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Topic-icon 1995 R100RT Fork Seals

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1 month 3 weeks ago #4638 by 14051
1995 R100RT Fork Seals was created by 14051
I wonder if it is possible to replace the fork seals without removing the fork legs from the bike (yokes) ? Thanks

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1 month 3 weeks ago - 1 month 3 weeks ago #4639 by 8166
Replied by 8166 on topic 1995 R100RT Fork Seals
Anything's possible with enough time and money ;)

You can drop the sliders by first removing the socket head cap screw that goes through the bottom of the slider and into the internal absorber, Part 22 shown here:
www.realoem.com/bmw/enUS/showparts?id=04...00_RT&diagId=31_0371

The screw, Part 7, is shown here:
www.realoem.com/bmw/enUS/showparts?id=04...00_RT&diagId=31_0362

To reach that screw, you'll also have to remove the front wheel, and to get the wheel off, you'll also need to remove the brake calipers.

You'll need to drain the forks because when that screw comes out, so will all the fork oil and it'll be a mess.

But the real fun starts when you try to put it back together. There's nothing to stop the absorber from spinning when you try to tighten the screw. Sometimes you can get it tight with an impact wrench. And sometimes, even if you get it tight, it will leak.

So if you want to drop the fork legs, pull the wheel and calipers, then remove the grill in front of the engine and the panel directly above that that covers the lower fork yoke. You'll have to bend the outer upper edges a bit to get them to release, but look closely at how they're installed and you'll see how they have to come out. Once the panel is out, take off the two brake hose guides by removing the rearmost fender mounting bolts. Then remove the two large nuts at the top of the tubes and loosen the four pinch bolts holding the fork tubes in place and the tubes and fender will come out as a unit. From there you'll have access to the top of the sliders and can change the seals.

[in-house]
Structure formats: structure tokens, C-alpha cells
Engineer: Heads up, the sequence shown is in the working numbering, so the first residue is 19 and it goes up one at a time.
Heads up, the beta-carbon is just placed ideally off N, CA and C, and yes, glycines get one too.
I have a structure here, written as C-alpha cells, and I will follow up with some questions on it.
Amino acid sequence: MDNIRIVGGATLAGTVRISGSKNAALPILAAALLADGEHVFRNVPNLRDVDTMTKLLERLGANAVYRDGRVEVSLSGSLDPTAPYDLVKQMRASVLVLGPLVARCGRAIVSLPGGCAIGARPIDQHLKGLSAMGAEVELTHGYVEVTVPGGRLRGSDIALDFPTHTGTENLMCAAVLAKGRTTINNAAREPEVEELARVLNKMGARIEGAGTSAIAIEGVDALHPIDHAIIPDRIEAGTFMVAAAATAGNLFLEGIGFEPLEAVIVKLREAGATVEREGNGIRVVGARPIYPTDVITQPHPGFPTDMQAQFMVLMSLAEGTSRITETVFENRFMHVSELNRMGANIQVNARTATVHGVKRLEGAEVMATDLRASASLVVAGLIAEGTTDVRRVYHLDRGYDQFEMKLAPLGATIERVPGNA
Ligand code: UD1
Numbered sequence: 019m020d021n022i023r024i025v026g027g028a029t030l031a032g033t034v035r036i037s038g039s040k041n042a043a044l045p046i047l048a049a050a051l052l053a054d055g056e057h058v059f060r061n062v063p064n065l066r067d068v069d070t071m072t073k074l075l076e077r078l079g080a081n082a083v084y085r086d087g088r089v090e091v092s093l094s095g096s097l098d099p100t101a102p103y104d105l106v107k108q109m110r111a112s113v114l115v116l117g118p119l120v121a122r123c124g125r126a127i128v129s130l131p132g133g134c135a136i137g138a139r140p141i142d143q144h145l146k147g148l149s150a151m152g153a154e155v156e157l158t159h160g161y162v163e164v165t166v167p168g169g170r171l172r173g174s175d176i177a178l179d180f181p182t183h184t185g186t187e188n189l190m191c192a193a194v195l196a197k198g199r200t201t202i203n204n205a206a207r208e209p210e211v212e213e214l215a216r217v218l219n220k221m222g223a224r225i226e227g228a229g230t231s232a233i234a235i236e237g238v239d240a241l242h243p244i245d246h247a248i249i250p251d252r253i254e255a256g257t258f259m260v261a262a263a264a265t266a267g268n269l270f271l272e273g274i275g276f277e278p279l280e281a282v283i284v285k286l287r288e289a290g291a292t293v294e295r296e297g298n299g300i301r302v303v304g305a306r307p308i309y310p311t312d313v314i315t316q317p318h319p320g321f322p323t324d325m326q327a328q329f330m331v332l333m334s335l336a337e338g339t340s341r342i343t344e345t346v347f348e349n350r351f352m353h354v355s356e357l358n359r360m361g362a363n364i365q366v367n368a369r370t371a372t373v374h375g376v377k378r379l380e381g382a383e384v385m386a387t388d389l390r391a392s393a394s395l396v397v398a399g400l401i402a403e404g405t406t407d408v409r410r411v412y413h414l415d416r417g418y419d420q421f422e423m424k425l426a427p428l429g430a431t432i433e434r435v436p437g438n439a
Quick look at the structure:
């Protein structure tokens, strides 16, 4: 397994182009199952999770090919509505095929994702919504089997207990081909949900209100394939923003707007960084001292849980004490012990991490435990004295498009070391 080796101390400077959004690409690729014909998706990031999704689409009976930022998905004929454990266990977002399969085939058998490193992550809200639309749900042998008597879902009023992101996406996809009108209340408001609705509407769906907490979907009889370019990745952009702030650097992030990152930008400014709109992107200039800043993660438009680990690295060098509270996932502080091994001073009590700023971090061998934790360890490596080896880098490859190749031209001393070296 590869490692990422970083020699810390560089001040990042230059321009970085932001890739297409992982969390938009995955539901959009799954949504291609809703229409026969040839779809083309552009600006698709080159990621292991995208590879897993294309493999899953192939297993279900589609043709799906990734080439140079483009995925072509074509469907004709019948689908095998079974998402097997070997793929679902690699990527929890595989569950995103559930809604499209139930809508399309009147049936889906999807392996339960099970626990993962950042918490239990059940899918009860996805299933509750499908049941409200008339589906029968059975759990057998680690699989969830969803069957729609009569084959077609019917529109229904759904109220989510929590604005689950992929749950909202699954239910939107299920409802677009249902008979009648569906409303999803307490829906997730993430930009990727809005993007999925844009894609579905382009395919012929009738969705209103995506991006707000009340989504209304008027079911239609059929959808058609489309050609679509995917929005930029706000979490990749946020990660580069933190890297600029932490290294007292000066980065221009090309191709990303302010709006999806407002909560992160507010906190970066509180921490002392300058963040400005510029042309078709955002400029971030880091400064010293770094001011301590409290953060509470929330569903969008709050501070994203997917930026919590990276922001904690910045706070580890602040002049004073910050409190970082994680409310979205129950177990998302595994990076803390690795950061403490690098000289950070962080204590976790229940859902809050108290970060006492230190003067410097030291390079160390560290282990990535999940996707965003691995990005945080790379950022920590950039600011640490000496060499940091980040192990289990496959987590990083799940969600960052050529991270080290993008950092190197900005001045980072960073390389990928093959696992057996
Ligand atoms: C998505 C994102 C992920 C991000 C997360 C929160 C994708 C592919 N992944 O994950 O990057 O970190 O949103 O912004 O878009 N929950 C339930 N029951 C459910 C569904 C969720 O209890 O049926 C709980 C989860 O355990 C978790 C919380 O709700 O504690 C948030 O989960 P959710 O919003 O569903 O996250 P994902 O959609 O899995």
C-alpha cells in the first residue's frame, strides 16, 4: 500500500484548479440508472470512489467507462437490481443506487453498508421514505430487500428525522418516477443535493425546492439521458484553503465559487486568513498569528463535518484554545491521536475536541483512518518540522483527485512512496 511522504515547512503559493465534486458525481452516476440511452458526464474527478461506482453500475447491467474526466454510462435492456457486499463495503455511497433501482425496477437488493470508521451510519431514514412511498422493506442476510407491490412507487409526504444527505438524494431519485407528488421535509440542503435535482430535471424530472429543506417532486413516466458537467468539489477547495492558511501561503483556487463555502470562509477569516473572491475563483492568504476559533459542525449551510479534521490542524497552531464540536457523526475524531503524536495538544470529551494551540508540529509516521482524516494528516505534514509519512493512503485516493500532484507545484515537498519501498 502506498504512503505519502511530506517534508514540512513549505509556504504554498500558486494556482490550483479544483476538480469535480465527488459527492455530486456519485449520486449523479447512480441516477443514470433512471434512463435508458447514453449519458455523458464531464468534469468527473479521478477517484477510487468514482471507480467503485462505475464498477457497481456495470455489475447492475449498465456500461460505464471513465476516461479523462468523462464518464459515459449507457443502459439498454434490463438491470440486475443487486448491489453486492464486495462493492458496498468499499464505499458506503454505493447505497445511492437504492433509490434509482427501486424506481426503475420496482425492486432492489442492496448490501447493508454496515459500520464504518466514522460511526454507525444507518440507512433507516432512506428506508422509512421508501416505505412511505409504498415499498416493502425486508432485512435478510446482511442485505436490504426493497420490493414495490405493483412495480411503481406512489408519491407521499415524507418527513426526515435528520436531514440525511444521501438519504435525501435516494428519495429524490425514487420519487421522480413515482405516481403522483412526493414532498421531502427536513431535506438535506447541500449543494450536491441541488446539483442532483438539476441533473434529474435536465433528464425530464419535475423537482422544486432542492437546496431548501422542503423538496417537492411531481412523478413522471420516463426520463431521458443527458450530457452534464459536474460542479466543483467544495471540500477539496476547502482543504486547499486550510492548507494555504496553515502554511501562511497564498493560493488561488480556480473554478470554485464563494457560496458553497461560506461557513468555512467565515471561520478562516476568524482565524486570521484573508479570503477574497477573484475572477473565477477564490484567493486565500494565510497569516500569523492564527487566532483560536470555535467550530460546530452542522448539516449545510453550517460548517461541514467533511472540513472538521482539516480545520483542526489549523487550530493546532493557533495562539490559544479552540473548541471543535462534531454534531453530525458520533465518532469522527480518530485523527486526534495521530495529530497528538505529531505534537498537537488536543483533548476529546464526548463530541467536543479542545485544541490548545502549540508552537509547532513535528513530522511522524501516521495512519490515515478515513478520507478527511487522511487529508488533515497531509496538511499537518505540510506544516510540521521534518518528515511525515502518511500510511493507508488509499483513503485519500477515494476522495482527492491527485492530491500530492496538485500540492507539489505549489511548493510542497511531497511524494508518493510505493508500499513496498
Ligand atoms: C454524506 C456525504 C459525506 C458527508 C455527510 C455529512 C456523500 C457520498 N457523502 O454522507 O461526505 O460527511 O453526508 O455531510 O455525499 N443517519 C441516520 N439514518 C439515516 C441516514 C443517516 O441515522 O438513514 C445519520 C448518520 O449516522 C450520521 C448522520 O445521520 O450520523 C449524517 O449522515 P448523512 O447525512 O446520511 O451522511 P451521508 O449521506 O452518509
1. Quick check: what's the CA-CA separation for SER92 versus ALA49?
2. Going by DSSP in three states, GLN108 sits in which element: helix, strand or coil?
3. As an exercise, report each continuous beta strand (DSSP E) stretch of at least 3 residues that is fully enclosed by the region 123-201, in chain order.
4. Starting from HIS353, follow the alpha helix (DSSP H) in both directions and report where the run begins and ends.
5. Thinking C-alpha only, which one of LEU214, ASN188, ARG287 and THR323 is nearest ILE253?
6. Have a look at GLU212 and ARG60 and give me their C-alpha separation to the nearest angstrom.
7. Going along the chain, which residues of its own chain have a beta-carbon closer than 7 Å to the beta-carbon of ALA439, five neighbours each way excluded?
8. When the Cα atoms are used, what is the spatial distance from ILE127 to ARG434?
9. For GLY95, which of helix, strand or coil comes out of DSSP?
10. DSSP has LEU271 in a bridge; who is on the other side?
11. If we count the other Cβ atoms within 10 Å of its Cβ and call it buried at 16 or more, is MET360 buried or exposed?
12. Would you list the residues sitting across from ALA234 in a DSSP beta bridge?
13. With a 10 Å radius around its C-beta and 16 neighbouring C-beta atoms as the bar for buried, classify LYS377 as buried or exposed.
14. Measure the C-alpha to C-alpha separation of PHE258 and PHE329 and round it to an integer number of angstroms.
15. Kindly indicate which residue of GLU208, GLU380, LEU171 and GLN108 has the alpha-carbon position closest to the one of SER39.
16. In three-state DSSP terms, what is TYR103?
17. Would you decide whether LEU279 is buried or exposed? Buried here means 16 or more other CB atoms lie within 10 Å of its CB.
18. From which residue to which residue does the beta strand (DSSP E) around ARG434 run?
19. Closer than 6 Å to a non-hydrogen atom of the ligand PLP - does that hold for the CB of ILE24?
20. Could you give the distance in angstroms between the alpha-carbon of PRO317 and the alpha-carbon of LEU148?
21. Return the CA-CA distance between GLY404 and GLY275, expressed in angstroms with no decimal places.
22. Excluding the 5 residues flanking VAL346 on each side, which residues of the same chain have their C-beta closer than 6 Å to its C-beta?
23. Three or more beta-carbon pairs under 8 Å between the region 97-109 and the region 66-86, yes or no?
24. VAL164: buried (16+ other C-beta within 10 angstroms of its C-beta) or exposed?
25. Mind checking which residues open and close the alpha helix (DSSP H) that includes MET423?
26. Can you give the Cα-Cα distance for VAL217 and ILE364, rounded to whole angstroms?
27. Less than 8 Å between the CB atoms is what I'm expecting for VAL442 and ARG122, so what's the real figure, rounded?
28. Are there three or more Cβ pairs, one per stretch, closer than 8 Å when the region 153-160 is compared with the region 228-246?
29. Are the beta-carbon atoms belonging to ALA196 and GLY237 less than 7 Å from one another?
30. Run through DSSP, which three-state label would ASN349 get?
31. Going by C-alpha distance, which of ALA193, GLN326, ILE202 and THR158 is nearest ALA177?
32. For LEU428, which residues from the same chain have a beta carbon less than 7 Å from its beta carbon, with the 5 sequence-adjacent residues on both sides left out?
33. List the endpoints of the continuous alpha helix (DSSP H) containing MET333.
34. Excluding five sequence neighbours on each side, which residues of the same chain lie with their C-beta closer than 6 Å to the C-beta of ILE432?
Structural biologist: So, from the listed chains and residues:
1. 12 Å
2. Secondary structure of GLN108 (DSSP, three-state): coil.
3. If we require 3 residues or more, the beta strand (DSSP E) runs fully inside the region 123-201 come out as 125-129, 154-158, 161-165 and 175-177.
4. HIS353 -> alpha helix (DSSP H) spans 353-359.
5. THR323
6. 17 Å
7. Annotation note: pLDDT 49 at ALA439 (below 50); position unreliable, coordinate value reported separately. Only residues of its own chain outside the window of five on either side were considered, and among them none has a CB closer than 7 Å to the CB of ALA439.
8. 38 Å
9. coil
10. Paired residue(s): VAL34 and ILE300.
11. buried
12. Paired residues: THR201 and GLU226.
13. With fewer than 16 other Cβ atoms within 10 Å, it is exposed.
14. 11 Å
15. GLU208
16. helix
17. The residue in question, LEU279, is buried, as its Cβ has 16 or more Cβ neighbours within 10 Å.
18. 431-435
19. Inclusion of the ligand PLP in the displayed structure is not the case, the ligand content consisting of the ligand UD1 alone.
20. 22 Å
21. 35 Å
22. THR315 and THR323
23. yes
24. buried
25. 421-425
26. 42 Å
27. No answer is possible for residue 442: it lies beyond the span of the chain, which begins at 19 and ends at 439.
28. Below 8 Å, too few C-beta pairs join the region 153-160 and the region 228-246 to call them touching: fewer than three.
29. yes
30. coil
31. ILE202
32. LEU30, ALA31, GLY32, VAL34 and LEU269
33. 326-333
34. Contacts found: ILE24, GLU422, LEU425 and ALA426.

This is an excellent time to install some fork gaiters. They'll save the fork tubes from pitting and bug guts, which is very likely why the seals are leaking in the first place. I ditched the rubber bellows around the fork legs at the same time and haven't missed them at all.

I did all this last weekend when I replaced the steering head bearings. Check yours while you have the tubes off. If you feel any notchiness while rotating the handlebars, you need new bearings.

To get to the bearings, remove the fuel tank and set it in a safe place. Then remove the nut on the top of the fork stem. At that point you should be able to lift straight up in the handlebars and the top yoke will come off. Guide it back and rest it on the frame (you might want to put a towel across the frame and fairing before you pull off the yoke). Now unscrew the slotted nut on the steering stem, remove the dust shield, and you should see the top of the upper bearing. Use a wooden block and hammer to drive the stem down through the upper bearing and out of the frame. You'll need special pullers to get the outer races out of the frame and the inner lower race off the steering stem. The ones Cycle Works sells work well and are not that expensive. The bearings are available from your BMW dealer, but the same bearing can be had at your local bearing house for half the price. You'll also ruin the lower dust shield when you remove the bearing, so pick up another one before you start the job.